The voice quieted. I wish I could’ve said the same for Diocles.
“I have never been able to follow you to such places before,” the ghost persisted. “Always in a house of worship. You know that, Georgius. Always a house of worship. Nowhere else.”
“‘Nick,’” I angrily reminded him. “Always ‘Nick Medea’ now. Especially to you.”
I didn’t have to look at him to know he suddenly wore a darker expression. Although Fetch and others called me “Nicholas,” it was only by “Nick” that I actually went by. For Diocles, it was always meant as a reminder of that fatal moment between us. Fatal for me, actually, as Nicomedia had been the Roman realm where my ghostly friend had so kindly had me beheaded for refusing to give up my faith.
Diocles started to mouth his usual apology, but then caught sight of the headstone. While he did not have the dragon’s eyes to help him see, apparently as a ghost the gloom of night didn’t hinder his view in the least. “So, this is where you laid her to rest.”
“Go back to Saint Michael’s, Diocles,” I growled.
The robed phantasm cocked his head as he looked at me again. “Why come here for penance when she is with you once more? Why dwell with the dead—which you do enough, Georgius—when life is still yours . . . and hers? This grave is an empty thing—”
Without thinking, I slashed at him with one hand. I don’t know who was more surprised—Diocles for my sudden anger, or me when I realized that long claws now graced my fingers, fingers which had themselves become twisted and scaled.
Take it back! I quickly ordered. I haven’t asked for this!
But you did . . . just not with words. . . .
To my relief, my hand quickly reverted to normal. I felt his presence sink deep back into my mind.
That still left Diocles, who never seemed to get the hint about leaving. His gaze had drifted back to the grave, which only served to stir my anger anew.
“‘Empty thing,’” I muttered. “You still retain your fine respect for the graves of your lessers, Emperor. . . .”
He rippled, a sign of distress on his part that I found at that moment quite satisfying. Diocles knew exactly what I meant. “I ordered that your burial be respected. You deserved that much—”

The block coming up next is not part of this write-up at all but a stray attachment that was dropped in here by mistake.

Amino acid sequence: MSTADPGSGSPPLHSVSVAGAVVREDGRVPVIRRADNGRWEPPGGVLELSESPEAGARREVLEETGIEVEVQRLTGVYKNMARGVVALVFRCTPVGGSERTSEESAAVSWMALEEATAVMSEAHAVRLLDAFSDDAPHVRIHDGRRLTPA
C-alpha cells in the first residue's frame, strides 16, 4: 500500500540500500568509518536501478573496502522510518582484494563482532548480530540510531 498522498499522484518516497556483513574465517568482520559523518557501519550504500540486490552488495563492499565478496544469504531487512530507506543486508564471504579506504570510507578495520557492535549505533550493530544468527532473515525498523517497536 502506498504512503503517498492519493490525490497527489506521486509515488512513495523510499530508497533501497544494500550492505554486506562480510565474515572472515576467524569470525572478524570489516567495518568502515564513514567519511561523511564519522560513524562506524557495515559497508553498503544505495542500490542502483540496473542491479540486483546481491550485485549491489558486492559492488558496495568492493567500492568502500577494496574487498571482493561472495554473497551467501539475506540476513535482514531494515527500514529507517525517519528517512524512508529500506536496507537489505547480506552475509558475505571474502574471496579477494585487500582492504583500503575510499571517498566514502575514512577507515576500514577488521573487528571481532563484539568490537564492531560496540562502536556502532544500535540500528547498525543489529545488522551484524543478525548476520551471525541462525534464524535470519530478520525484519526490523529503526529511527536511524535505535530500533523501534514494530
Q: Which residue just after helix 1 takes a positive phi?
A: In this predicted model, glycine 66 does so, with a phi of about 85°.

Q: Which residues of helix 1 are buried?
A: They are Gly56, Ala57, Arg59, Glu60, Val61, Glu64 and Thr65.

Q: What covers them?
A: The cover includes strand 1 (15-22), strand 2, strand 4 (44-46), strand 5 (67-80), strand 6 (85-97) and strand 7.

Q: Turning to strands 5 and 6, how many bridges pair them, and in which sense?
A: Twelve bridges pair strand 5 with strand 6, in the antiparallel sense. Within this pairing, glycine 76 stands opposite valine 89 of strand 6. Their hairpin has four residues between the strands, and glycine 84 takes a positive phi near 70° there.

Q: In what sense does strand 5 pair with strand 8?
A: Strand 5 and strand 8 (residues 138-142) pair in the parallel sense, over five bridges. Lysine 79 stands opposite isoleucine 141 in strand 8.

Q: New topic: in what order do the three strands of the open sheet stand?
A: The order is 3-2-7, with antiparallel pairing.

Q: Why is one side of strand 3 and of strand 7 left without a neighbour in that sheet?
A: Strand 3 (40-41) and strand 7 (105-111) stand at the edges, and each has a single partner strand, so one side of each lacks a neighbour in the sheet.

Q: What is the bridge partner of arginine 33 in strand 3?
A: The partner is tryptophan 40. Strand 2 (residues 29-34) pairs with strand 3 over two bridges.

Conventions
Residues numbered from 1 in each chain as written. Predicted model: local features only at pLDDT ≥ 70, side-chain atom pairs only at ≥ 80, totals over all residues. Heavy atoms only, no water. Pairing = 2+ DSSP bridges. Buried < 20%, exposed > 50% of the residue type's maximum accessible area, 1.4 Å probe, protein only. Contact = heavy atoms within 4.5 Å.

I’d deserved better than being beheaded in the first place, but that was another argument. “Your orders didn’t mean too much, did they? Especially to Galerius. His men ransacked the tomb the moment they had the chance, and even took my armor and weapons.”
That event had had more repercussions than either of us could have imagined. The very spear I’d used to slay the dragon had eventually ended up—just recently, in fact—in the hands of Oberon, the exiled king of Feirie. He’d made a good try of impaling us with it.
“I can only try to apologize over and over, Georgius. I am beyond being able to rectify my sins . . . or those of Galerius, may his bones never rest.”
Diocles’s sins went far beyond just my execution. He had let himself be influenced by the same Galerius into beginning a bloody persecution of the entire young Christian faith . . . of which I had become, without meaning to, one of its standard-bearers. Galerius might’ve been the proverbial devil whispering in the emperor’s ear, but Diocles had been the one to willingly give the decree. For that alone, he should have been cursed to forever walk as a ghost, but for reasons I could not entirely accept, it appeared that my beheading meant more where his fate was concerned. No matter where I’d followed the Gate, Diocles had always been waiting for me in the nearest church.
A chill wind rose up. I tightened the collar of my overcoat and looked around. Diocles’s presence had left me with no more desire to be here. Besides, I had an appointment farther on the North Side—a young couple called the Nilssons who continually heard footsteps on the upper floor of the old house they rented. They thought it was the ghost of the first owner, who’d hung herself after her husband perished in the Great Fire.
I knew better. It wasn’t a ghost. If they’d seen my ad, seen the offerings of Nick Medea, investigator and debunker of the supernatural, then they had a far worse problem than ghosts. They had one of the Wyld lurking around their home.
There was plenty of time to reach my clients, since the appointment was set—for more than theatrical reasons—at midnight. It wasn’t hard to convince anyone who needed my services that I needed to come at the witching hour. They’d be desperate for any help at this point, no doubt having exhausted the usual charlatans.
“There was a visitor to Saint Michael’s this evening,” Diocles muttered.
I looked back at him. Diocles seemed to think it his duty to keep me informed on all newcomers to the church. “Who?”
“A surly Celt. He had the look of—what does that mongrel of yours call them?—a ‘hood.’”
“Celt” was the term Diocles used for an Irishman. Around Chicago, it wasn’t surprising to have someone of Irish blood popping up, but not on a night when Father Jonathan, Saint Michael’s current priest, didn’t have a sermon. Diocles’s description sounded like it might be one of the North Side gang. Several of them were pretty religious despite their bootlegging ways, but this didn’t sound like someone in need of a blessing. I’d just recently had some run-ins with both Moran’s and Capone’s boys—the latter the North Side’s main rivals— but had thought that both gangs had better things to do than track down a “ghost hunter.”